[MATHEMATICAL EXPRESSION NOT REPRODUCIBLE IN ASCII], (25)

[MATHEMATICAL EXPRESSION NOT REPRODUCIBLE IN ASCII]. (26)

Axial Pressure Gradient for the Particulate Phase

q [[bar.P].sub.o] = q [k.sub.f] [([[psi].sub.o] - [[psi].sup.p.sub.o].sub.y], (27)

[MATHEMATICAL EXPRESSION NOT REPRODUCIBLE IN ASCII], (28)

[MATHEMATICAL EXPRESSION NOT REPRODUCIBLE IN ASCII]. (29)

The corresponding boundary conditions for the above equations are obtained as

[MATHEMATICAL EXPRESSION NOT REPRODUCIBLE IN ASCII], (30)

Zeroth Order Solution

The zeroth order differential equations in [[psi].sub.o], [[psi].sup.p.sub.o] and [[bar.P].sub.o], subject to the steady parallel flow and transverse symmetry assumption for a time dependent pressure gradient in the x-direction, yields the following

[[psi].sub.o] = [[bar.A].sub.1] y + [[bar.A].sub.3] [y.sup.3], (31)

[[psi].sup.p.sub.o] = [[psi].sub.o] - [C.sub.p] (t)y, (32)

[[bar.P].sub.o] = 6/R [[bar.A].sub.3], (33)

where [[bar.A].sub.1] and [[bar.A].sub.3] are functions of x and t, and are given as

[[bar.A].sub.1] = - 3 C (t) - [epsilon]/2 cos [beta] / [eta], [C.sub.p] (t) = [[bar.P].sub.o] / [k.sub.f], [[bar.A].sub.3] = C(t) - [epsilon]/2 cox [beta] / [[eta].sup.3], (34)

where [beta] = 2 [pi] (x-t) and [eta] = 1+ [epsilon] cos [beta]. C (t) is the constant of integration and is proportional to the time dependent applied pressure gradient.

The expressions for the zeroth order velocity profiles for the fluid and the particulate phase are therefore given as

[u.sub.o] = [[psi].sub.oy] = [[bar.A].sub.1] + 3 [[bar.A.sub.3] [y.sup.2], (35)

[u.sup.p.sub.o] = [[psi].sup.p.sub.oy] = [u.sub.o] - [C.sub.p] (t). (36)

The zeroth order flow rate, [Q.sub.o] is now calculated as

[Q.sub.o] = (1 - q) [[psi].sub.o] = [absolute value of y = [eta] + q [[psi].sup.p.sub.o]] y = [eta] = [[bar.A].sub.1] [eta] + [[bar.A].sub.3] [[eta].sup.3] - q [C.sub.p] (t) [eta], (37)

where [[bar.A].sub.1] and [[bar.A].sub.3] assume the same values as in (34).

Time- averaged Flow Values for Zeroth Order Solutions

The time-averaged flow variables [[bar.u].sub.o], [[bar.u].sup.p.sub.o] and [[??].sub.o] are obtained by averaging the corresponding values over one period of the wave as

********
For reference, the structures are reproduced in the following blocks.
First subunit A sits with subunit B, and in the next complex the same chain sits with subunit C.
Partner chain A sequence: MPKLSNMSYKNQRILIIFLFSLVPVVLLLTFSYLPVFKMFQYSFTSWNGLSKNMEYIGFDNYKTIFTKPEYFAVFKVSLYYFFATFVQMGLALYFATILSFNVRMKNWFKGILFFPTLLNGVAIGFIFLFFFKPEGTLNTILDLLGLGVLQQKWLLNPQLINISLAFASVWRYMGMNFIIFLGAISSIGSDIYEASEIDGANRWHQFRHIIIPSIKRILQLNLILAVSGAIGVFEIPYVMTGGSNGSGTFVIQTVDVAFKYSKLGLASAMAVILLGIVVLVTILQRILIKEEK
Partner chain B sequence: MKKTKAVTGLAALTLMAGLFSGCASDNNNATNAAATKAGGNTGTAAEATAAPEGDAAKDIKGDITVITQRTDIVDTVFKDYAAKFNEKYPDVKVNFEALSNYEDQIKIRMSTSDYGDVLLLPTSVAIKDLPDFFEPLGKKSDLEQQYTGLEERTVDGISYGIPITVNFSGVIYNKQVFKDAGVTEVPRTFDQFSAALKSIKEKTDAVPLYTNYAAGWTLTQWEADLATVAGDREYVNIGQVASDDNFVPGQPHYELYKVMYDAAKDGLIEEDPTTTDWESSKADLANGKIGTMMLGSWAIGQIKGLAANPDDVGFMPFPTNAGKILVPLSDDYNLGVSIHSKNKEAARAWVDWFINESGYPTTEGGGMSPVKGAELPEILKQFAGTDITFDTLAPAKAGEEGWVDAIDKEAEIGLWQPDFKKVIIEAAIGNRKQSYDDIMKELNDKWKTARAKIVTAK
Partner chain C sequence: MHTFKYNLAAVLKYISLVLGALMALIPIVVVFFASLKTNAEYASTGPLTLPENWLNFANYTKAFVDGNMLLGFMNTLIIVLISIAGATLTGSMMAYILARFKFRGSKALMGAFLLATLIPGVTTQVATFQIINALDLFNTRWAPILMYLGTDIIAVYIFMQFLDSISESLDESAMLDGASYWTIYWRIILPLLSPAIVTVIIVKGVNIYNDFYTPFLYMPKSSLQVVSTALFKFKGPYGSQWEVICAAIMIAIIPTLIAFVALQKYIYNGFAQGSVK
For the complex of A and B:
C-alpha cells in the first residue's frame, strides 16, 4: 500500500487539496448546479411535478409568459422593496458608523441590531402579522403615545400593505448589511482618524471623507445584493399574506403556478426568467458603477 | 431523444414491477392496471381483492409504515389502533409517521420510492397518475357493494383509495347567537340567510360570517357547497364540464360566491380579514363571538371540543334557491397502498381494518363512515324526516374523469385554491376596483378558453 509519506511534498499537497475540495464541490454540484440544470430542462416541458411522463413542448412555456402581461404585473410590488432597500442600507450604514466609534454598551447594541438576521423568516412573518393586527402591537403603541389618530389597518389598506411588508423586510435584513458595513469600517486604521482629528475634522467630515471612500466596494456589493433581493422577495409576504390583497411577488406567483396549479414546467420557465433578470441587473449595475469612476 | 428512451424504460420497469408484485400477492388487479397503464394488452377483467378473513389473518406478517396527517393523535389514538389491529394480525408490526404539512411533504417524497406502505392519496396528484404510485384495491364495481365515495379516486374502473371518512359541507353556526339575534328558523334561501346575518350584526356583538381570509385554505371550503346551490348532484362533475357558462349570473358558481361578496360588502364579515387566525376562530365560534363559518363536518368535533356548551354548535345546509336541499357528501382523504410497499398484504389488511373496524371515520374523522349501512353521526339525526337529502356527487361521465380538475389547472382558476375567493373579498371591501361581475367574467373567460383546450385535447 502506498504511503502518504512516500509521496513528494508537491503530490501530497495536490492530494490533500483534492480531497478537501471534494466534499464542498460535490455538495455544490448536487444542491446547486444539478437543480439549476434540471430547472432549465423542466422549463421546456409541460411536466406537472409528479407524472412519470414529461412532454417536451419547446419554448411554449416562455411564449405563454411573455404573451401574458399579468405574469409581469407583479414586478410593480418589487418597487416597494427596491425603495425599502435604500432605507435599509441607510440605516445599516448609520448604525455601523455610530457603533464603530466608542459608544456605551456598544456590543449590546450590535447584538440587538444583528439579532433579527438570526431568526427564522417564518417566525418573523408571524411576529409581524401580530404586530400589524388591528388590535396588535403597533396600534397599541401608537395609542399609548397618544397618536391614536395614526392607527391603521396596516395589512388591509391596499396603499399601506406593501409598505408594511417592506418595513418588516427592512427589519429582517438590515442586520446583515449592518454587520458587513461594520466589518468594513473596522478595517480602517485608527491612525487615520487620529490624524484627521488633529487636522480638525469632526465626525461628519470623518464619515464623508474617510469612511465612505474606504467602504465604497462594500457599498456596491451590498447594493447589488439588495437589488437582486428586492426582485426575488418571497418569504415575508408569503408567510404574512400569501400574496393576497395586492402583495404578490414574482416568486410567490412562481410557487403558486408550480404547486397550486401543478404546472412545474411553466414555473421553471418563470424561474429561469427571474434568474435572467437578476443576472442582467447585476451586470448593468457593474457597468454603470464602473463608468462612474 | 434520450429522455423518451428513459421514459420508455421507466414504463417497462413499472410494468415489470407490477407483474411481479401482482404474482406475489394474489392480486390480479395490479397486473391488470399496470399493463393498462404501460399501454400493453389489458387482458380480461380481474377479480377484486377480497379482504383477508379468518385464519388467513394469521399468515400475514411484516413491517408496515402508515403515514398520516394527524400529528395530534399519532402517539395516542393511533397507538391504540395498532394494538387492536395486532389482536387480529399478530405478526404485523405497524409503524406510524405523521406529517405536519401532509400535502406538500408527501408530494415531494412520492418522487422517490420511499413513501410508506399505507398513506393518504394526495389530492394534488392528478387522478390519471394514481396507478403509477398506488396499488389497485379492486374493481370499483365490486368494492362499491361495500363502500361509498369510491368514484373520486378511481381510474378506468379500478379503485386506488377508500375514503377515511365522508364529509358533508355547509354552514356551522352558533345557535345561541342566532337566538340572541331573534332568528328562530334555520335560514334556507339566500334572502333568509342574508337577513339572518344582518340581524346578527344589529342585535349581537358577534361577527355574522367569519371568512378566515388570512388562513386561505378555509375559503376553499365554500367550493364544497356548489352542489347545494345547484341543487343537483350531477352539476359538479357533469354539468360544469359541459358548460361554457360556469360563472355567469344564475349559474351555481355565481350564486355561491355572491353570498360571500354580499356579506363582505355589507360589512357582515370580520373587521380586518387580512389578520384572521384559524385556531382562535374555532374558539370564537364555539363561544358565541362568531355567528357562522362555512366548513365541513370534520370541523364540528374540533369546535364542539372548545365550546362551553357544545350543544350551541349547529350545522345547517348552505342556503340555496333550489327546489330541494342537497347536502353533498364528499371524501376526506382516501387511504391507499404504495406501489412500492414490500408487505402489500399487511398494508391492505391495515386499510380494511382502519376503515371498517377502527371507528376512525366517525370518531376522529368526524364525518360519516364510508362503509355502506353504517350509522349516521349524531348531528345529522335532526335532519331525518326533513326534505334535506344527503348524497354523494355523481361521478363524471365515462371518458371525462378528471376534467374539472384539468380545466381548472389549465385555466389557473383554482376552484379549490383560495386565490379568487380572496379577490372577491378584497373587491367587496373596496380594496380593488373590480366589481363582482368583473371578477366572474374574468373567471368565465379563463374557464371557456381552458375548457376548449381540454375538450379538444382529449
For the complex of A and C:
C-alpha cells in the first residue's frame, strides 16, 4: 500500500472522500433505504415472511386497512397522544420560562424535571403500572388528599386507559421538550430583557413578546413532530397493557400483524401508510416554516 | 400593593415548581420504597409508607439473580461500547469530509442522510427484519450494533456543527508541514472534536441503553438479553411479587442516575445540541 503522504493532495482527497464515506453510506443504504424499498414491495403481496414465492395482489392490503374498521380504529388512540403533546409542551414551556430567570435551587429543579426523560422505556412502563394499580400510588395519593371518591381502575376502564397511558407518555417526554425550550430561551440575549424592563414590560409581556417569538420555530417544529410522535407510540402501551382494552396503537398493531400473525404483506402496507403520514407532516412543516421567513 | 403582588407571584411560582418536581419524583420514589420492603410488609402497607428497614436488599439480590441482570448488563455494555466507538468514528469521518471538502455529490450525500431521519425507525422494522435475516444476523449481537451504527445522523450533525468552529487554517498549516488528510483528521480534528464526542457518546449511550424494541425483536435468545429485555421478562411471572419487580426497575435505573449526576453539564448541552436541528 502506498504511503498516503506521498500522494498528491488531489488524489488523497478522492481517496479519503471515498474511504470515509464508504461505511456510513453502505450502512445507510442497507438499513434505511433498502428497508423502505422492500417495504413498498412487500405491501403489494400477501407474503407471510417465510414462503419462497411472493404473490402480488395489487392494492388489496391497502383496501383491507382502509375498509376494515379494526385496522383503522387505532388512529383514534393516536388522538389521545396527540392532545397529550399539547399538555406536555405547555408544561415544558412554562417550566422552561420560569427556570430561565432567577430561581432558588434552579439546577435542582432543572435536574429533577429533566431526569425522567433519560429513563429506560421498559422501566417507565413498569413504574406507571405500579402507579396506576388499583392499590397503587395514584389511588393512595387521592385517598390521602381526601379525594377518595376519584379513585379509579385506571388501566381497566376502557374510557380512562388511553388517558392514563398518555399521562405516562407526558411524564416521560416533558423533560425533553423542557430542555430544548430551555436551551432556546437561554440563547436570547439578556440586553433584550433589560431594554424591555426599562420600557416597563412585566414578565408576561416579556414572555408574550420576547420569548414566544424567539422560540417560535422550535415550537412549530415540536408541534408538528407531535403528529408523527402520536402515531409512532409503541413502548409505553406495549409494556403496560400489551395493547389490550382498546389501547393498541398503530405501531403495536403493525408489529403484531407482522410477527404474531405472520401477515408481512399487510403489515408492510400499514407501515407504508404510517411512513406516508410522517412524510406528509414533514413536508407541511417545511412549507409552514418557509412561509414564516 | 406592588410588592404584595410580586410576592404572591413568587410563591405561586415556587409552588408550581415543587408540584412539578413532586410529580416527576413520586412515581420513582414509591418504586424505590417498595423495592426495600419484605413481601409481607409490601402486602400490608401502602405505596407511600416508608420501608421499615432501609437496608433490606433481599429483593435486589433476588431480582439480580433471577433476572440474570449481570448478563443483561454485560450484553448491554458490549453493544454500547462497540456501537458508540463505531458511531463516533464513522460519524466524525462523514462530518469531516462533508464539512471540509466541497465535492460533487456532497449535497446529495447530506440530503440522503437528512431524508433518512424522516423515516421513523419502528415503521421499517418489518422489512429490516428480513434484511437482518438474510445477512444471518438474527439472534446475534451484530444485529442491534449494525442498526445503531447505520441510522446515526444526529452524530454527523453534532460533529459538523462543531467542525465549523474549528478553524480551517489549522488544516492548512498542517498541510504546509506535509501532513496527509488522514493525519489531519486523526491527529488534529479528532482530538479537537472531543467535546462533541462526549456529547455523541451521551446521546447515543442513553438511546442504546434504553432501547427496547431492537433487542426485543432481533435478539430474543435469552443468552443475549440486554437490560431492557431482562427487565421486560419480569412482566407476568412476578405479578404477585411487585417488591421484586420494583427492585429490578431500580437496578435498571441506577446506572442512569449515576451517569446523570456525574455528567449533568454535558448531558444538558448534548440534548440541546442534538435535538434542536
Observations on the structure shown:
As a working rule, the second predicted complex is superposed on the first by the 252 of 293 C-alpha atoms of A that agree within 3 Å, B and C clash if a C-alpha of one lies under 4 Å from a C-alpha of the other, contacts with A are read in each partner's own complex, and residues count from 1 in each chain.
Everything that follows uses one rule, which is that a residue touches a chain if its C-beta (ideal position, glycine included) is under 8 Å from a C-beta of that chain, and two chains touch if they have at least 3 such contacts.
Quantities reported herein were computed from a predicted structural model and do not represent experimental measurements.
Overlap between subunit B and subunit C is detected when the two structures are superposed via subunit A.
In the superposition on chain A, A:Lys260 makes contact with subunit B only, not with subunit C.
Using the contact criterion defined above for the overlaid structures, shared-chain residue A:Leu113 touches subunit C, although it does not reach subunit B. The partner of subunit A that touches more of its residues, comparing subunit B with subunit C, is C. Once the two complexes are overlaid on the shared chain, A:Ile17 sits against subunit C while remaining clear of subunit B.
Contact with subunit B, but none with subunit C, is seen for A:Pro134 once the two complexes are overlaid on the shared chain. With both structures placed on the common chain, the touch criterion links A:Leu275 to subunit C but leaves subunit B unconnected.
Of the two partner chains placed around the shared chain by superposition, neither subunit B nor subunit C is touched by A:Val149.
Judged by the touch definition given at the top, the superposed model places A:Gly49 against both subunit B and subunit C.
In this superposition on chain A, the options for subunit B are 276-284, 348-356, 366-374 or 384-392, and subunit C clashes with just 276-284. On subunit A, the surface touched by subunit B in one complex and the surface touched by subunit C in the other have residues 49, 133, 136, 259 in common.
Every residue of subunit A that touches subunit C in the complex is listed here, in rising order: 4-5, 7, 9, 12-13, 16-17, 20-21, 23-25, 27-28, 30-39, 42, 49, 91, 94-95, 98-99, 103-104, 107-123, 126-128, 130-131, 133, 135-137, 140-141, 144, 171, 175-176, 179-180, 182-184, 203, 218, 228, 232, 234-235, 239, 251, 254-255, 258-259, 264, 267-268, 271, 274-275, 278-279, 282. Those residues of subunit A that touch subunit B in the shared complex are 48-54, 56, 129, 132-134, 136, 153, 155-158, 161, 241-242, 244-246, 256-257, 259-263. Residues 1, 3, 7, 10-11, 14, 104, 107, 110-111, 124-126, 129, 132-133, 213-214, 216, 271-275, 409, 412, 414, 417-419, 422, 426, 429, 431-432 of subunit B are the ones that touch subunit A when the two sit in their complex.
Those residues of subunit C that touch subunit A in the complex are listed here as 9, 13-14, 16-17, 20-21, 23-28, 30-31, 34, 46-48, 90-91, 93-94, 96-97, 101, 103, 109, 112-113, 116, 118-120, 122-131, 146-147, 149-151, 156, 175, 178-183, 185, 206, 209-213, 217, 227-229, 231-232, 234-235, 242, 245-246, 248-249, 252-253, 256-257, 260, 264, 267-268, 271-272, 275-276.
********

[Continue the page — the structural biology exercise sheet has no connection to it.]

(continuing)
[MATHEMATICAL EXPRESSION NOT REPRODUCIBLE IN ASCII], (38)

[MATHEMATICAL EXPRESSION NOT REPRODUCIBLE IN ASCII], (39)

[MATHEMATICAL EXPRESSION NOT REPRODUCIBLE IN ASCII], (40)

where [bar.Q].sub.o] is the time averaged mean flow over one period of the wave and [S.sub.1] = 1/R kf.

The dimensionless time averaged mean pressure is therefore obtained as

[[??].sub.o] / ([[??].sub.o]) [[bar.Q].sub.o] = o = 1 - 2/3 (1/2 + 1/[[epsilon].sup.2]) [[bar.Q].sub.o]. (41)

First Order Solutions

Now solving the first order equations form, [[psi].sub.1], [[psi].sup.p.sub.1] and [[bar.P].sub.1], subject to the boundary conditions given in (30), and one obtains

[MATHEMATICAL EXPRESSION NOT REPRODUCIBLE IN ASCII], (42)

[MATHEMATICAL EXPRESSION NOT REPRODUCIBLE IN ASCII], (43)

[MATHEMATICAL EXPRESSION NOT REPRODUCIBLE IN ASCII], (44)

with

[MATHEMATICAL EXPRESSION NOT REPRODUCIBLE IN ASCII], (45)

[MATHEMATICAL EXPRESSION NOT REPRODUCIBLE IN ASCII]. (46)

where [K.sub.p] (t) = [[bar.P].sub.o] / [k.sub.p].

The expressions for the first order velocity profiles are obtained as

[MATHEMATICAL EXPRESSION NOT REPRODUCIBLE IN ASCII], (47)

[MATHEMATICAL EXPRESSION NOT REPRODUCIBLE IN ASCII], (48)

The volume flow, Q1 due to the pressure gradient of O ([delta]) is now obtained as

[Q.sub.1] = (1-q) [[psi].sub.1] [absolute value of y = [eta] + q [[psi].sup.p.sub.1] y = [eta] = R K (t) + q Kp (t). (49)

Zero Mean Values for the First Order Solutions

We now attempt to investigate the first order solutions for zero mean flow. In this case C (t) = [C.sub.p] (t) = K (t) = [K.sub.p] (t) = O, and upon substituting the zero mean quantities simplified under the limit [member of] [right arrow] O (i.e., ignoring the terms of order [[epsilon].sup.3] and above) in the equations (47), (48) and (44), one determines

[u.sub.1] = R [1 - q (1 - [[rho].sub.p] / [[rho].sub.f])] ((- 1/40 [y.sup.6] + 3/4 [y.sup.4] - 159/280 [y.sup.2] + 3/70)

[MATHEMATICAL EXPRESSION NOT REPRODUCIBLE IN ASCII], (50)

- (3 [y.sup.2] + [[eta].sup.2]) [epsilon] [pi] sin [beta], (51)

[bar.P].sub.1] = 12/5 [1 - q (1 - [[rho].sub.p]/[[rho].sub.f])] [12/7 [[epsilon].sup.2] [pi] sin 2 [beta] - [epsilon] [pi] sin [beta]. (52)

Integration of equations (50)-(52), now yields

[[bar.u].sub.1] = [[bar.u].sup.p.sub.1] = [[??].sub.1] = O. (53)

This concludes that the peristaltic motion contributes nothing to the mean axial velocity and mean pressure gradient is of O ([delta]).

Second Order Solution

Next, solving equations (20), (23) and (26) under the boundary conditions (30), yields the following solutions for the second order approximation as

1/R [[psi].sub.2] = [a.sub.1] [y.sup.11] + [a.sub.2] [y.sup.9] + [a.sub.3] [y.sup.7] + [a.sub.4] [y.sup.5] + [z.sub.3] [y.sup.3] + [z.sub.1] y, (54)

[[psi].sup.p.sub.2] = [[psi].sub.2] - 1 / [k.sub.p] ([b.sub.1] [y.sup.9] + [b.sub.2] [y.sup.4] + [b.sub.3] [y.sup.5] + [b.sub.4] [y.sup.3]) + wy, (55)

[MATHEMATICAL EXPRESSION NOT REPRODUCIBLE IN ASCII], (56)

where

[MATHEMATICAL EXPRESSION NOT REPRODUCIBLE IN ASCII] (57)

Zero Mean Flow values For Second Order solutions